It is easy to get off track in our Christian faith. And it just as easy to get off track being a young "friar" as it is as a housewife or a student or a construction worker or any other occupation.
One of the reasons it is easy to get off track is that we often mistake following Jesus for a phalanx of other meritorious ideas.
Here are some of the most common pitfalls:
Following Jesus is about being involved in Christian activities.
Being involved in Christian activities may be a good thing in your spiritual growth, but it may be a hindrance. If Christian activities is a well-veiled crutch to keep you from dealing with issues with your family, your work, or your friends you may need to cut back on them.
Pitfall #2 Following Jesus is about feeling good.
If you are following Jesus with all your heart, you will probably come to the point where you have to deal with real core issues in your life. As a matter of fact, you may consistently return to this point as different issues come up. And dealing with destructive habits, deep hurts, and growing through them is a painful, not so good feeling process at times. The gospel is about forgiving and loving enemies, reconciliation, and healing. It is not always easy, but it is more worth it than you will ever know.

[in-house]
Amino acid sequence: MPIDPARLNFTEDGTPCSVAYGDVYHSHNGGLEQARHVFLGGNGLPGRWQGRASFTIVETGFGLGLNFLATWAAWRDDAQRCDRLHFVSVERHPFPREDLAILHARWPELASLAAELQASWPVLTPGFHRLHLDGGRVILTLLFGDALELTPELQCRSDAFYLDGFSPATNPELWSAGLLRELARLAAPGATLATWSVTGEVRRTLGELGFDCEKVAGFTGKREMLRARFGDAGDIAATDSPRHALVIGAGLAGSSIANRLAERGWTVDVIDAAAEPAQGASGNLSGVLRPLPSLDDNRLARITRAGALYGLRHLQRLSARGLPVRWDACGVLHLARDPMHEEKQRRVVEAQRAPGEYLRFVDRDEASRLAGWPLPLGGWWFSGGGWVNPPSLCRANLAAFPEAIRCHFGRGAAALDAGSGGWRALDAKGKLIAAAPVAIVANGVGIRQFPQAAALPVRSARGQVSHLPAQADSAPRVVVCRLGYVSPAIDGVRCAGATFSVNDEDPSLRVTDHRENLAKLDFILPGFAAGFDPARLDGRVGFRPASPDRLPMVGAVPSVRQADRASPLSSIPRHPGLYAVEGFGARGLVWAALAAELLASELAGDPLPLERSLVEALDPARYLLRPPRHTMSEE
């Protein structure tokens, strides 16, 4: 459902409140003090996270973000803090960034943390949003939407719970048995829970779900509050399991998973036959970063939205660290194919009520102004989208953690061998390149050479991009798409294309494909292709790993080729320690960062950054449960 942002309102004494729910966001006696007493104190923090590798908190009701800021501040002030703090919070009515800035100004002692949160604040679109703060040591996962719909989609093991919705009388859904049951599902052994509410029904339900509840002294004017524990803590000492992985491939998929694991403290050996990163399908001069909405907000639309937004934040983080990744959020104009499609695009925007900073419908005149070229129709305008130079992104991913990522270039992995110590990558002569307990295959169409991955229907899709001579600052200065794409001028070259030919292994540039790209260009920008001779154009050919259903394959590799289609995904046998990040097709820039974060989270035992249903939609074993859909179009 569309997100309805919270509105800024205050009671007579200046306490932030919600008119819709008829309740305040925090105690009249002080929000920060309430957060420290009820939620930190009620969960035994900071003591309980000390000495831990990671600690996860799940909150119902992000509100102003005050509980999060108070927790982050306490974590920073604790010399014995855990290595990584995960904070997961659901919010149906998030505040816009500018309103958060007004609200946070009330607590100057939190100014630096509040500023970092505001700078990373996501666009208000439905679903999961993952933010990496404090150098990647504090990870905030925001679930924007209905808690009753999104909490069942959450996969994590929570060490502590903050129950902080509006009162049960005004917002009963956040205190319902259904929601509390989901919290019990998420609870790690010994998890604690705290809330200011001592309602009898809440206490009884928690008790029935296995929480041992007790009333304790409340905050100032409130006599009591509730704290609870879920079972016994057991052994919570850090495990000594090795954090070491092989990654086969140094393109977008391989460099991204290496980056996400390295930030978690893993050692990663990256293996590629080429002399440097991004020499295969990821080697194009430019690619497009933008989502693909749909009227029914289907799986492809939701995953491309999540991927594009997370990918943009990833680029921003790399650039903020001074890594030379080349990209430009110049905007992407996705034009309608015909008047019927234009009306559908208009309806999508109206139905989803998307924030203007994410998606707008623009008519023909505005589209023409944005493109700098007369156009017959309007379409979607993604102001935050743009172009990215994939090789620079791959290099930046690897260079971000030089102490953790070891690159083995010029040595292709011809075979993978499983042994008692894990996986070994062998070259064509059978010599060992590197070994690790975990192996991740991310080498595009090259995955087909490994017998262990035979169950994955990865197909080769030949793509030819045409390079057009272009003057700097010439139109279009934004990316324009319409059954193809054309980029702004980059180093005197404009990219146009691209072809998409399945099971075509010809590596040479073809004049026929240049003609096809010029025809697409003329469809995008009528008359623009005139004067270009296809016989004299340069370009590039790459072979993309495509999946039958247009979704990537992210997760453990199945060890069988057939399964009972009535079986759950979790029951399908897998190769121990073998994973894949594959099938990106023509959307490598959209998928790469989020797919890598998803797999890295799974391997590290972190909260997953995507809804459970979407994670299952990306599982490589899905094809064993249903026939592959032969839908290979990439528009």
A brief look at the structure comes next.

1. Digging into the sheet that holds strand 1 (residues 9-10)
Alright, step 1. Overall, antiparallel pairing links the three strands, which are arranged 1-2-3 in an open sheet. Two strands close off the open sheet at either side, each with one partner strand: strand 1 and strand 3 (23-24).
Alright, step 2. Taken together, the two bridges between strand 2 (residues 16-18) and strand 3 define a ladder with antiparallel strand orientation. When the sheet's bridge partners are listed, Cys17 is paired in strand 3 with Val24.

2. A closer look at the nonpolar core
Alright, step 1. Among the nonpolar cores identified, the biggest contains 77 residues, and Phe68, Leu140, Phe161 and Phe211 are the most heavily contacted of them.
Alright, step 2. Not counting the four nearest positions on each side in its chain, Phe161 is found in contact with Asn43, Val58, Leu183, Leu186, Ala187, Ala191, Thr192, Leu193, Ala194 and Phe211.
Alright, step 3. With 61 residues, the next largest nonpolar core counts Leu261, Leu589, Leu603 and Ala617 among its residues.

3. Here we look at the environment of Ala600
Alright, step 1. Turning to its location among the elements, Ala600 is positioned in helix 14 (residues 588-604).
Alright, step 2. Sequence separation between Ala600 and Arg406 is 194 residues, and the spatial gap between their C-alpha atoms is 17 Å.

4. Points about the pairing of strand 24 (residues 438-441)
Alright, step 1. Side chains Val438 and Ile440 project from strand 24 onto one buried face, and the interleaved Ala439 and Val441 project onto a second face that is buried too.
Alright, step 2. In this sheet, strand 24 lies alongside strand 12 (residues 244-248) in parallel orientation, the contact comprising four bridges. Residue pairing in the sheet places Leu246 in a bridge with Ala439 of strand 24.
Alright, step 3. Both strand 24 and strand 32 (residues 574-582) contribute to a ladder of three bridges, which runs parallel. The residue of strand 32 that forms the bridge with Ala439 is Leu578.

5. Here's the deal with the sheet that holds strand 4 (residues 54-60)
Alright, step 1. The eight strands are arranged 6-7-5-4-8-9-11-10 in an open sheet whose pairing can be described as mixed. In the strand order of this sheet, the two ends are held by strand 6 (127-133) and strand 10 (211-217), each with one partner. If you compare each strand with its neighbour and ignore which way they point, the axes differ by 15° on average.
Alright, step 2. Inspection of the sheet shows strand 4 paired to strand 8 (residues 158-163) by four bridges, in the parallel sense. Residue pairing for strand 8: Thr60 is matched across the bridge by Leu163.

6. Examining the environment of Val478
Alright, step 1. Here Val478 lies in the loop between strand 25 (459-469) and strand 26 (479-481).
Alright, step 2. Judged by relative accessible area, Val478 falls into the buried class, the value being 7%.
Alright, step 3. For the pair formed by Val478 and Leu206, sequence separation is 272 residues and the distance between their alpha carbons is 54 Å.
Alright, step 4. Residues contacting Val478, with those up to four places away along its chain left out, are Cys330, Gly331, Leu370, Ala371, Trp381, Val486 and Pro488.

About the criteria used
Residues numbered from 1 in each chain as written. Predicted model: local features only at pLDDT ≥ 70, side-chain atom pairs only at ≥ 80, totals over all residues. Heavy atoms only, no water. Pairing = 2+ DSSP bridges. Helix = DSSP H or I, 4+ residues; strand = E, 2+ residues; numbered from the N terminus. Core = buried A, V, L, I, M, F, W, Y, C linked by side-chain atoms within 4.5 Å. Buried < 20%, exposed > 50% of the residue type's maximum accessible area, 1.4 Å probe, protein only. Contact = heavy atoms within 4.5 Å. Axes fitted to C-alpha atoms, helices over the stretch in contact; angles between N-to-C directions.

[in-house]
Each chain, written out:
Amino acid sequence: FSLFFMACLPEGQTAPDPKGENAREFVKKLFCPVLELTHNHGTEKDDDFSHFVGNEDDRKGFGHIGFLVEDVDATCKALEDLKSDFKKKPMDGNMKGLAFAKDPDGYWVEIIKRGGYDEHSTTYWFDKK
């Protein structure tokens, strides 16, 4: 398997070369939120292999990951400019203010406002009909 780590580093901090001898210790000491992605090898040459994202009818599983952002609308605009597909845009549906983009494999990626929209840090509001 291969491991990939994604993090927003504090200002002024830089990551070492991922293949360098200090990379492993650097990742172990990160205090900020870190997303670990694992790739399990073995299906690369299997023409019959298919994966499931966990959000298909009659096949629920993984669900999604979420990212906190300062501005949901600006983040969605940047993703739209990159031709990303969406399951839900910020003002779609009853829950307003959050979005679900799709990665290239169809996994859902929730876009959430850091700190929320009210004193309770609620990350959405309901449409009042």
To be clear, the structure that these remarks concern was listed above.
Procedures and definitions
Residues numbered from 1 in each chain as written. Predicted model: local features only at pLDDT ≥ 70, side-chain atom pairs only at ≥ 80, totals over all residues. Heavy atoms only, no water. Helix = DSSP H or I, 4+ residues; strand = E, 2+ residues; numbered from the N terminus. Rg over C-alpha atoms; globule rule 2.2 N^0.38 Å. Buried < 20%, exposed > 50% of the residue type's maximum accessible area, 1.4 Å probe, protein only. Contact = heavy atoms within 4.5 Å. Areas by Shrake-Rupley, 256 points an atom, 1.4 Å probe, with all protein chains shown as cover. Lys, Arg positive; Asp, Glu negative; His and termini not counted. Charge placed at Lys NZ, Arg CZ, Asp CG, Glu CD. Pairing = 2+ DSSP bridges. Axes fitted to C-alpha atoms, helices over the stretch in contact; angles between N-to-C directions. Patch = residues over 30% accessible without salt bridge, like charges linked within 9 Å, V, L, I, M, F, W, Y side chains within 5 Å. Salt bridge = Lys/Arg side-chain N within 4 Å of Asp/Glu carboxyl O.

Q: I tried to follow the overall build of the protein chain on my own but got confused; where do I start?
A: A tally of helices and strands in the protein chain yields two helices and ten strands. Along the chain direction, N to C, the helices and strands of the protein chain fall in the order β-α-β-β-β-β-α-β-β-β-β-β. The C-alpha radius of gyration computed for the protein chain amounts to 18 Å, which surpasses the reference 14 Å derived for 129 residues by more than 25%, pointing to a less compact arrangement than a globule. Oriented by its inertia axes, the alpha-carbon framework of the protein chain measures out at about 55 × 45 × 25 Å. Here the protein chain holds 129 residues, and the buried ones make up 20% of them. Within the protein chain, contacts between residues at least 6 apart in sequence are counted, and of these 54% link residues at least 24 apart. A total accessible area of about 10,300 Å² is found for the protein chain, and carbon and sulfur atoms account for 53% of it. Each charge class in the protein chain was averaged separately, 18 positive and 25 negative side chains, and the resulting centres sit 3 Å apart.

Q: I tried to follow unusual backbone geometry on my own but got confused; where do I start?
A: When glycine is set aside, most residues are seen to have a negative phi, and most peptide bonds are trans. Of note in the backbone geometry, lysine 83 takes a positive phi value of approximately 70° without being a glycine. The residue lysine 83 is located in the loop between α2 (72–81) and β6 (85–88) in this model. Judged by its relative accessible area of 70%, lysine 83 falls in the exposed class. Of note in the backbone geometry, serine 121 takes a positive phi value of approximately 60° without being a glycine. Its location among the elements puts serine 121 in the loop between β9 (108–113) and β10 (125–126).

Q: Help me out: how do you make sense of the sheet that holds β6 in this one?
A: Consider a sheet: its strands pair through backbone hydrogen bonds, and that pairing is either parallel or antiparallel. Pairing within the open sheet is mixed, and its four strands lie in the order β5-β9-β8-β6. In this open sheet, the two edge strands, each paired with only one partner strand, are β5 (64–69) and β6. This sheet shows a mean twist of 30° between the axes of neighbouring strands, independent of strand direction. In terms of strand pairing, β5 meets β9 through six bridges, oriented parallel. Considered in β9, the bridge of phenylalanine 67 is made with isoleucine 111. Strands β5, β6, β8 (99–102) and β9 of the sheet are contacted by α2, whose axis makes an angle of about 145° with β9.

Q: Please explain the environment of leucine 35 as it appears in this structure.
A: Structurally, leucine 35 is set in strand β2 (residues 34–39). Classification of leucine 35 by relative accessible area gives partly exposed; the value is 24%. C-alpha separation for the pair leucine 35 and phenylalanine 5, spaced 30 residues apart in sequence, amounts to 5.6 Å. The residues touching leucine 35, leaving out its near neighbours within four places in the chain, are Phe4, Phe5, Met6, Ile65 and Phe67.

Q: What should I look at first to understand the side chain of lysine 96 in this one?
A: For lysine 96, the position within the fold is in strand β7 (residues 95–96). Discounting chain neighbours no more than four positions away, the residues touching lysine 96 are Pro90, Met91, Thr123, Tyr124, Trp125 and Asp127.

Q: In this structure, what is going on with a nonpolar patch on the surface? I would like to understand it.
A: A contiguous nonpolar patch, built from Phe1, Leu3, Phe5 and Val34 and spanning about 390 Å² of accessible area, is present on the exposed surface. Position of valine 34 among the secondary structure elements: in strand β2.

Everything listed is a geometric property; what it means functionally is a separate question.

Following Jesus is about having the right ideas
The truth: In the parable of the Good Samaritan, the guy had his theology all wrong but his heart was in the right place with God and his neighbor, and that is what matters. A lot of people in Christian churches believe that being a Christian is about defending the faith against bad ideas, instead of commending the faith through living the truth of the Good News of Jesus Christ. I find it easy to sometimes hold firm to the truth, but in a way that makes me look like a total a**. When I do this, I think I miss the point.
Following Jesus is about being with all the right people.
Following Jesus is about bearing with people when they are a pain in the a**. Look at the Corinthian church. Does this church look like a model of church health? Heck no! Even the Philippian church in the New Testament had divisive people and potential church splits happening. The church needs to be full of difficult people who are committed to growing and learning to be more like Jesus, warts and all.
What is the gospel all about then? It is about becoming fully human. And it is about doing that through growing in knowledge of and love for our Creator. It is about joining his mission to build bridges of love to the world through surrendering ourselves to him and making ourselves his vessel of new hope, new life, and new love.
So we all must come back and ask ourselves...am I becoming more loving? am I becoming more forgiving and compassionate? am I becoming more bold in embracing that God's love and overflowing with love to others? If not we might want to go back to square one.